Curmudgeon definition oxford english dictionary
Reading the OED: One Man, One Year, 21,730 Pages by Ammon SheaAn obsessive word loveras account of reading the Oxford English Dictionary cover to cover. aIam reading the OED so you donat have to. If you are interested in vocabulary that is both spectacularly useful and beautifully useless, read on...a So reports Ammon Shea, the tireless, word-obsessed, and more than slightly masochistic author of Reading the OED, The word loveras Mount Everest, the OED has enthralled logophiles since its initial publication 80 years ago. Weighing in at 137 pounds, it is the dictionary to end all dictionaries. In 26 chapters filled with sharp wit, sheer delight, and a documentarianas keen eye, Shea shares his year inside the OED, delivering a hair-pulling, eye-crossing account of reading every word, and revealing the most obscure, hilarious, and wonderful gems he discovers along the way.
The “cur” in “curmudgeon”
Add curmudgeon to one of your lists below, or create a new one. Weighed down or perking up? Phrasal verbs to express emotions, part 1. Cambridge Dictionary Plus My profile How to Log out. Definitions Clear explanations of natural written and spoken English. Click on the arrows to change the translation direction.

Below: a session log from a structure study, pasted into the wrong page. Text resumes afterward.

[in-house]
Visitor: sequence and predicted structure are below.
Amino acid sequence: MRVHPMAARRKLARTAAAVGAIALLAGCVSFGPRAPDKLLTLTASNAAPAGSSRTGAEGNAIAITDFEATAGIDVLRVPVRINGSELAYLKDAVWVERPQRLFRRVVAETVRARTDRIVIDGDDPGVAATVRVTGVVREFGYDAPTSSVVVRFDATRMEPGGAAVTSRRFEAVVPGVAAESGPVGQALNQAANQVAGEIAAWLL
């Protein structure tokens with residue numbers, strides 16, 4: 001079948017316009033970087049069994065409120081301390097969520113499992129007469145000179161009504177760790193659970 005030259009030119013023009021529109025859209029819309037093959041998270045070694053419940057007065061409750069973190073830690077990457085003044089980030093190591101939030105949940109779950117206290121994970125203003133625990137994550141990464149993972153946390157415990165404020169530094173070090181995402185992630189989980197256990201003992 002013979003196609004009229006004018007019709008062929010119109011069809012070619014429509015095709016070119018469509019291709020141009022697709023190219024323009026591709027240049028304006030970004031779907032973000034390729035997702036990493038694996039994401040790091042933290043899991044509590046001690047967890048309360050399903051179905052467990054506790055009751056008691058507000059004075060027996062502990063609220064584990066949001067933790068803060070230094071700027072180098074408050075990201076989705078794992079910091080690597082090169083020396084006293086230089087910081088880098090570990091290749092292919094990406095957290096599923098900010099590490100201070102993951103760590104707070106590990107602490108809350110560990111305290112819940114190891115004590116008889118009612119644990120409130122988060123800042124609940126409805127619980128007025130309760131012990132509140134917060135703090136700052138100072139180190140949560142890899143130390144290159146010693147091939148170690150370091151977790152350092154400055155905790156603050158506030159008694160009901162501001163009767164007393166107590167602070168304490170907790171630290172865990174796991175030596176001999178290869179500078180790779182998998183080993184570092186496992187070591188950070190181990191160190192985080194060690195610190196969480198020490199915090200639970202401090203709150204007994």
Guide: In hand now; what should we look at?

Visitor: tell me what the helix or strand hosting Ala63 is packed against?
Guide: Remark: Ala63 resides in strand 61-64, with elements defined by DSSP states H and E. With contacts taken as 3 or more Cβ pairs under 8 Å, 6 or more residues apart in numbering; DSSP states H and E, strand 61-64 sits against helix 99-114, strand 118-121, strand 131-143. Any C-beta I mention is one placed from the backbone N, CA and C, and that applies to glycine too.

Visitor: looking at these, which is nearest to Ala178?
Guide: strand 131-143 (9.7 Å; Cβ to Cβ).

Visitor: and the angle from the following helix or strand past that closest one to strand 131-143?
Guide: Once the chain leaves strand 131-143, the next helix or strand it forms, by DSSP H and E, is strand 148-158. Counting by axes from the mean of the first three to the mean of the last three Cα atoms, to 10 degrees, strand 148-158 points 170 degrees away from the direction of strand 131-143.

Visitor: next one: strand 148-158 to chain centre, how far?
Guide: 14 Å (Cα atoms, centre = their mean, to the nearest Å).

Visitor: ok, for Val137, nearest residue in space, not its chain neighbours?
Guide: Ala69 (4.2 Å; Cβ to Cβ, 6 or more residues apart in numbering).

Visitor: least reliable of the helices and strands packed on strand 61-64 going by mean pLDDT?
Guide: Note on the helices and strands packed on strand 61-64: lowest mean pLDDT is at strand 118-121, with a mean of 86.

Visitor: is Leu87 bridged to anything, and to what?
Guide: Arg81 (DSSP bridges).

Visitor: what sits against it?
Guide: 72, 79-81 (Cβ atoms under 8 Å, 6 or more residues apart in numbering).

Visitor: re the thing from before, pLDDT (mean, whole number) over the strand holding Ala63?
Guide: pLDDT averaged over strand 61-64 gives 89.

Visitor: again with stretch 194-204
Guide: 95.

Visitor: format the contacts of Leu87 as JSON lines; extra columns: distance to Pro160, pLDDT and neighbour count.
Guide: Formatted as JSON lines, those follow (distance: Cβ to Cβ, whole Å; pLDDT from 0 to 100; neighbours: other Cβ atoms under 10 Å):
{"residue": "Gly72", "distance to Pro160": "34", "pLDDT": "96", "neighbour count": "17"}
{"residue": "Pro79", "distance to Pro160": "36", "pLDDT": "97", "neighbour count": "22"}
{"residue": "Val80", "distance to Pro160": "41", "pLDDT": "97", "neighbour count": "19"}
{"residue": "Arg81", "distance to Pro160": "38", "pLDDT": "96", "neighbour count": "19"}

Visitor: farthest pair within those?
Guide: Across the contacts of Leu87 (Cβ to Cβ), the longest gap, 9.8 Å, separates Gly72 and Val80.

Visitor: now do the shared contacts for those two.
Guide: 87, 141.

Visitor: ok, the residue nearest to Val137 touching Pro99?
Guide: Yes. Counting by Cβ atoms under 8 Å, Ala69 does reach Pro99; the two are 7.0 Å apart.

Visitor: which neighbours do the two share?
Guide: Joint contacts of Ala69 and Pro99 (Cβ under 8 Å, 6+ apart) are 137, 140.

Who is a curmudgeon? The word has been around in English books since OED. A British curmudgeon is preeminently a miser. Nearly all lexicographers agree on that point. A cantankerous person. Walter W. Not improbably, curmudgeon was first applied to an unpleasant, unsociable person and by extension to someone who stays away from jovial company for fear of being robbed or asked to help the less fortunate.
Vocabulary defined by Oxford Dictionary
By Jonathon Owen. Several weeks ago, I tweeted about a weird construction that I see frequently at work thanks to our project management system. Whenever someone assigns me to a project, I get an email like the one below:. Sense 3 is the request that [someone] [verb] construction, which has been around from to the present. He agreed that it sounds odd, though. I decided to do a little digging in the BYU corpora, and what I found was a little surprising. Interestingly, the only OED citation for this construction in the last fifty years comes from a book called World Food: India.
To supplement our two-part interview with William Safire about the new edition of Safire's Political Dictionary , we've provided extended excerpts from the dictionary entries that came up in the course of our wide-ranging discussion. If you want to know the difference between an old pro and a curmudgeon , read on! The combining forms of -bashing and -basher began in Britain. Bash , the eighteenth-century verb that led to these forms, may be onomatopoeic a word that imitates a sound or a blend of bang and smash. British lexicographer Eric Partridge noted the nineteenth-century use of basher for a boxer or professional criminal.